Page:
for his customers, the entrepreneur hired an independent
contractor to remodel the small space and build revolving
stools along all of the walls. One morning, shortly after
the grand opening of the shop, the lead cashier noticed
that one of the stools was loose, as if it might come
unbolted from the floor. The cashier immediately posted a
sign stating “Broken—Do Not Sit.”
The cashier then called the contractor and asked that
he come immediately to repair the stool. A few hours
later, a new customer entered the smoothie shop. While
waiting to give his order, the customer failed to notice the
cashier’s sign and sat directly on the loose stool. Under
the customer’s weight, the stool broke away from the
floor, and both the customer and the stool went crashing
to the ground. The customer broke his wrist in the fall.
If the customer sues the smoothie shop, will he recover?
(A) Yes, because the customer is a licensee.
(B) Yes, because the customer is a business invitee.
(C) No, because the contractor’s acts were the
actual and proximate cause of the injuries.
(D) No, because responsibility for construction of the
stool was properly delegated to the contractor.
Apex became involved in a labor dispute with the
union that ordinarily supplied workers for Apex’s
plant. Apex commenced an action against the union in
the appropriate U.S. District Court claiming $75,000
in damages as a consequence of the union’s conduct
in harassing and intimidating nonunion workers in
violation of the National Labor Relations Act and
applicable state law. Apex is an Alabama corporation,
and the union (an unincorporated association) has
members who are domiciled in every state except
Washington and Oregon. The union answered by
denying Apex’s allegations and filing a $15,000 counterclaim
(which asserted that Apex had deliberately made
false accusations about the union to the local papers for
the purpose of obtaining favorable press coverage).
If the union moves to dismiss for lack of subject matter
jurisdiction, should the court grant the motion?
(A) Yes, because Apex has not claimed monetary
damages in excess of $75,000.
(B) Yes, because there is no diversity.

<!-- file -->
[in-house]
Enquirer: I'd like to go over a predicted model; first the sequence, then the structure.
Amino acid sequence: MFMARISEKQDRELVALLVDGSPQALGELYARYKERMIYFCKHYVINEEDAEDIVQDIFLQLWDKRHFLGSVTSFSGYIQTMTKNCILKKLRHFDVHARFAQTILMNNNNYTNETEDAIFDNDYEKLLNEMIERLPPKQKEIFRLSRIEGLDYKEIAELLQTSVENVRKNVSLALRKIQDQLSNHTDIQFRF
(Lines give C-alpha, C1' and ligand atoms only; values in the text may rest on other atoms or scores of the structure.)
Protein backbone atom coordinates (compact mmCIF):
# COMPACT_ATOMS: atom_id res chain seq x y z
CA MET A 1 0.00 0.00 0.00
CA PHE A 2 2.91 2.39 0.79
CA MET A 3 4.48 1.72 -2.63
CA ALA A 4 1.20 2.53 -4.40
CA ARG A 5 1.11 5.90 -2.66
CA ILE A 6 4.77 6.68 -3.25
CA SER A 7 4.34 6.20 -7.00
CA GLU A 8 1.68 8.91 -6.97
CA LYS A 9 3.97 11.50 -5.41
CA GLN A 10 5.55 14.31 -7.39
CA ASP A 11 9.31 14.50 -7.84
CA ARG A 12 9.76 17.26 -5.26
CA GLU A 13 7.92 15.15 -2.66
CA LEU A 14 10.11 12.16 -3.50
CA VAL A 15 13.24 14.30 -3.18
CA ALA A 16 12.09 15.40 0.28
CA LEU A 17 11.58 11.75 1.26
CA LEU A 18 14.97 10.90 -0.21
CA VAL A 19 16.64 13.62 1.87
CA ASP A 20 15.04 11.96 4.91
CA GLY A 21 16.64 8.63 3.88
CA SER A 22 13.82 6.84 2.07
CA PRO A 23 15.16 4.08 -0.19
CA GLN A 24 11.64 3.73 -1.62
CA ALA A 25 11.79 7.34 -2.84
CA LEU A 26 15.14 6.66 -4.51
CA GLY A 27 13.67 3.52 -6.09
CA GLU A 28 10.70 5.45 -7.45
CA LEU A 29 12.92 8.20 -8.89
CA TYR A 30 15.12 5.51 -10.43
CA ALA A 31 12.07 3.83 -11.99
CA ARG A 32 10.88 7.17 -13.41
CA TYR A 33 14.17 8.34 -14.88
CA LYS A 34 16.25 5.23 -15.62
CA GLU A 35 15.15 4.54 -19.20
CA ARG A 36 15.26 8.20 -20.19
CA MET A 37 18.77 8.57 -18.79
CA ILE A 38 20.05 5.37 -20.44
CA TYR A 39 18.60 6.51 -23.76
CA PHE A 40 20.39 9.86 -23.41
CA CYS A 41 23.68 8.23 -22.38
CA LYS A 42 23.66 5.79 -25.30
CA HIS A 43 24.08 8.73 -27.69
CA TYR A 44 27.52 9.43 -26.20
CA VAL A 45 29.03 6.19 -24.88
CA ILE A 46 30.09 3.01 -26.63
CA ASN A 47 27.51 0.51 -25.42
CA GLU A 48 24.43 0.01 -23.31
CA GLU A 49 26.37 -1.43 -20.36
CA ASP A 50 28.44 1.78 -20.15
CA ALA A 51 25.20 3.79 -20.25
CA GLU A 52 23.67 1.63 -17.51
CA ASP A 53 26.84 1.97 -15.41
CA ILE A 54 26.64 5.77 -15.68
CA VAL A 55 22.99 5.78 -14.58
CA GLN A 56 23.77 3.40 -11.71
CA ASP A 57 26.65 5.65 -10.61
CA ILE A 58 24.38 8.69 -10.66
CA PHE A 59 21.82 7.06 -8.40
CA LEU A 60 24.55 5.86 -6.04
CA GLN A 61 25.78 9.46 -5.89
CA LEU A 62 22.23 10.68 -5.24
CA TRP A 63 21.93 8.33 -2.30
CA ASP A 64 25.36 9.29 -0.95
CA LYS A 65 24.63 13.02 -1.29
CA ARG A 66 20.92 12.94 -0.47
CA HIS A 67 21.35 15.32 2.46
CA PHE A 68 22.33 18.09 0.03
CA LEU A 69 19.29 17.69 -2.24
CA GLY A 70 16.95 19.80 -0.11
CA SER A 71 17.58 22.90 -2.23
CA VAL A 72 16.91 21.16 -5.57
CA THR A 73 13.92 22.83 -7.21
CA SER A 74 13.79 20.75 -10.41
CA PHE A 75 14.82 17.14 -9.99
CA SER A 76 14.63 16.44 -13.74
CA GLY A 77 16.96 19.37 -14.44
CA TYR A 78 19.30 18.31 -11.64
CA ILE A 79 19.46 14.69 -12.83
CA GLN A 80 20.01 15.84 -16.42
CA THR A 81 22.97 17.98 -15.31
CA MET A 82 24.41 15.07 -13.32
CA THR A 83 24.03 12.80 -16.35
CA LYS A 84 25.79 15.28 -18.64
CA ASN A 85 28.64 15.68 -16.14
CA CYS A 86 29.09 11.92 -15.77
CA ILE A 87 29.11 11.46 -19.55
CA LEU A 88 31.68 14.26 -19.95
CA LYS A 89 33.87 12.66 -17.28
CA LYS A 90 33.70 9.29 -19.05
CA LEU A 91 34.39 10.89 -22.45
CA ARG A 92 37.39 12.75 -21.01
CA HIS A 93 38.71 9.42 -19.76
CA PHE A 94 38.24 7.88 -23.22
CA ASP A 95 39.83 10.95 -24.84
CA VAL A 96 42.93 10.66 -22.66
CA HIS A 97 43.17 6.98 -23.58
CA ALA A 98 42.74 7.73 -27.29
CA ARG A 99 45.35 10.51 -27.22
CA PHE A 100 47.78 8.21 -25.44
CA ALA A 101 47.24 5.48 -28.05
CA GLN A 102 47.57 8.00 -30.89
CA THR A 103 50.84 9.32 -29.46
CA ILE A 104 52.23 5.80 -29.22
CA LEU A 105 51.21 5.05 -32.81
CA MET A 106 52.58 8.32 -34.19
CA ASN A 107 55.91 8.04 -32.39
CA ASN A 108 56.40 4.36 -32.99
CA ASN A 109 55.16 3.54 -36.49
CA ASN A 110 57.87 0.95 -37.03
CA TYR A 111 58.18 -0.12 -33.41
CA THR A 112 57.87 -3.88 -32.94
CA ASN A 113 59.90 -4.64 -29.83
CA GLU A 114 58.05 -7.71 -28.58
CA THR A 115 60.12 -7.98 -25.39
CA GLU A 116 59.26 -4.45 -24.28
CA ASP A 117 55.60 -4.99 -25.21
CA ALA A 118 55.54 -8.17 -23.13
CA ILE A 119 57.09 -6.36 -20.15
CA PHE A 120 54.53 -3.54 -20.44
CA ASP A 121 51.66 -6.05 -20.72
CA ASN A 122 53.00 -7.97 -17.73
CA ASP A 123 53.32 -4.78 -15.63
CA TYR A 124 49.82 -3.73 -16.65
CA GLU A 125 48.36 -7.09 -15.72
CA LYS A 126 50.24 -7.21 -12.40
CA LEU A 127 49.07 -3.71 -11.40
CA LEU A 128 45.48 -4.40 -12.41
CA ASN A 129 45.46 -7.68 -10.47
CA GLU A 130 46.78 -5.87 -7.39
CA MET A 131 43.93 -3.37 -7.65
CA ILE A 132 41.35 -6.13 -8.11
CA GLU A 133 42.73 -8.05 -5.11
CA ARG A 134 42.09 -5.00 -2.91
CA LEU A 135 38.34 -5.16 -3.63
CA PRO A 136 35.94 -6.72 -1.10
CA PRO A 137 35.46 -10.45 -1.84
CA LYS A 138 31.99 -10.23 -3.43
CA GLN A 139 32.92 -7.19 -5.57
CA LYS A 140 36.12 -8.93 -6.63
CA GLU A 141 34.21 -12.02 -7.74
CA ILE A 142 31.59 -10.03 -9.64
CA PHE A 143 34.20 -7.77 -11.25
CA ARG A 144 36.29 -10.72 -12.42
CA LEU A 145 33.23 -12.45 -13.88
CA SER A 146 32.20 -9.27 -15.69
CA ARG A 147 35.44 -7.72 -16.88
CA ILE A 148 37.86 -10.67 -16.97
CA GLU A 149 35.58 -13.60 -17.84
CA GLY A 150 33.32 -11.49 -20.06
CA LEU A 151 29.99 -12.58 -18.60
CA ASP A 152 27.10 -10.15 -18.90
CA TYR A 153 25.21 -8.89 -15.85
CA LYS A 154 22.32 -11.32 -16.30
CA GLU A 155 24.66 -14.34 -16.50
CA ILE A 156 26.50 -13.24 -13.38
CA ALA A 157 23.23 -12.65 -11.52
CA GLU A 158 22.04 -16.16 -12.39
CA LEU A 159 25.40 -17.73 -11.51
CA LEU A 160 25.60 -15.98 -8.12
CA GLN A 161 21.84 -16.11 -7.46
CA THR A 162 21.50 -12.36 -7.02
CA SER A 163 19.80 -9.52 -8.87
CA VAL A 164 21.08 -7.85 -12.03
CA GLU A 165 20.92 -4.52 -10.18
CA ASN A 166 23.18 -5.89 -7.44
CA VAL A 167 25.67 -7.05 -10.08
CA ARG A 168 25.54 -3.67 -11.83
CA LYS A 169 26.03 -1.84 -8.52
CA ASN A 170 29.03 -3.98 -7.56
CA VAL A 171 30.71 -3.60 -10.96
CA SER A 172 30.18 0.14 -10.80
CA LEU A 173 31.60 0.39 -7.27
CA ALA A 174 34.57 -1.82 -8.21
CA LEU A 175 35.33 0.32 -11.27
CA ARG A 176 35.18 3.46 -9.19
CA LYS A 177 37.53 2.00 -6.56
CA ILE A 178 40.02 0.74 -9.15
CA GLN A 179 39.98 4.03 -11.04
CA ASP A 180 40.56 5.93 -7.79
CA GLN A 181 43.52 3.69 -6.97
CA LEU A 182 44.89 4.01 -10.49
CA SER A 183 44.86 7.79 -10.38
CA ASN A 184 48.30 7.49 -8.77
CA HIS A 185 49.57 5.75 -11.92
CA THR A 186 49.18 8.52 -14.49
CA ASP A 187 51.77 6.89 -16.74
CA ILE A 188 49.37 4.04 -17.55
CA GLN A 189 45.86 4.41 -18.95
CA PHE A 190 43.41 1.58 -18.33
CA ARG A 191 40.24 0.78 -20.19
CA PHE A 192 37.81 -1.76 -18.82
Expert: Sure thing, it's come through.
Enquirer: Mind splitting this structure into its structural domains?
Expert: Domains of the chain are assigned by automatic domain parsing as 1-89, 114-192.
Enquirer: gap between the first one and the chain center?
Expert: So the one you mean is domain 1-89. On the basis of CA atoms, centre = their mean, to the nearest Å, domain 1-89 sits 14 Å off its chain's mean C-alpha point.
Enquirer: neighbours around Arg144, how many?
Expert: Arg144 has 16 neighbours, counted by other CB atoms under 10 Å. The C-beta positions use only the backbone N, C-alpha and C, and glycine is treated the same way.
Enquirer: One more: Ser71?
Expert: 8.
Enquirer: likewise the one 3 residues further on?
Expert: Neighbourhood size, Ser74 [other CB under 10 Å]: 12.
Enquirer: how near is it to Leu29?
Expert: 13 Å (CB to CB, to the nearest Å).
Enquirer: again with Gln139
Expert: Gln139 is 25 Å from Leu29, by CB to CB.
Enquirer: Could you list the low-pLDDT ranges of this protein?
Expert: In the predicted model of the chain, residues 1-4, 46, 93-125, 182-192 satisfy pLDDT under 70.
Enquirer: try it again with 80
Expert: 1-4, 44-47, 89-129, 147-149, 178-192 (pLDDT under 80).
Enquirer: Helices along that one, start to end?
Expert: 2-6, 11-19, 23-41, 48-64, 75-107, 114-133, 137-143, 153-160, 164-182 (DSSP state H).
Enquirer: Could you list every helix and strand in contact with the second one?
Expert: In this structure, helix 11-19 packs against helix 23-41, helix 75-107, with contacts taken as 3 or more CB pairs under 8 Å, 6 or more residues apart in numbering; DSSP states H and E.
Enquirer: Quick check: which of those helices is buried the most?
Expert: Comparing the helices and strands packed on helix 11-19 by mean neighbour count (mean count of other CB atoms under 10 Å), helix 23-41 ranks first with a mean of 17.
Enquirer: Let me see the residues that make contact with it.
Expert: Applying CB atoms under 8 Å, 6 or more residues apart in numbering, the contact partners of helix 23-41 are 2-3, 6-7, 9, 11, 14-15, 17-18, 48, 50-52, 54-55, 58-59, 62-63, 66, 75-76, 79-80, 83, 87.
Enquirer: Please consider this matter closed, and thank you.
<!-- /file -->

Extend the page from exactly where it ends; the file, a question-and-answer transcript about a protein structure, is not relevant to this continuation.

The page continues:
(C) No, because subject matter jurisdiction is satisfied.
(D) No, because a state claim has been asserted in
a federal court.
A buyer and seller entered into a written agreement
for the sale of 100 widgets at $1.50 each. The contract
provided that the widgets would be shipped in ten
cartons, each containing ten widgets. Because the
buyer knew that the cartons of widgets would be
moved several times before they were used, it was
important to him that the widgets be individually
wrapped. For this reason, the buyer requested that each
widget be individually packed and shipped in its own
carton. The seller agreed to this modification over the
phone. Shortly thereafter, the seller shipped the widgets
to the buyer in ten cartons, as originally agreed.
The buyer rejected the shipment and demanded new
widgets in individual cartons. The seller refused.
Is the seller in breach of contract?
(A) Yes, because contracts can always be modified.
(B) Yes, because the original contract can be orally
modified without additional consideration.
(C) No, because the modification must be in
writing when the sale of goods is involved.
(D) No, because there was no consideration for the
seller’s agreement to change the mode of shipping.
In preparing for her law school examinations, a student
invited a few classmates to her apartment for a study
group. The student, who loved spiders, kept a pet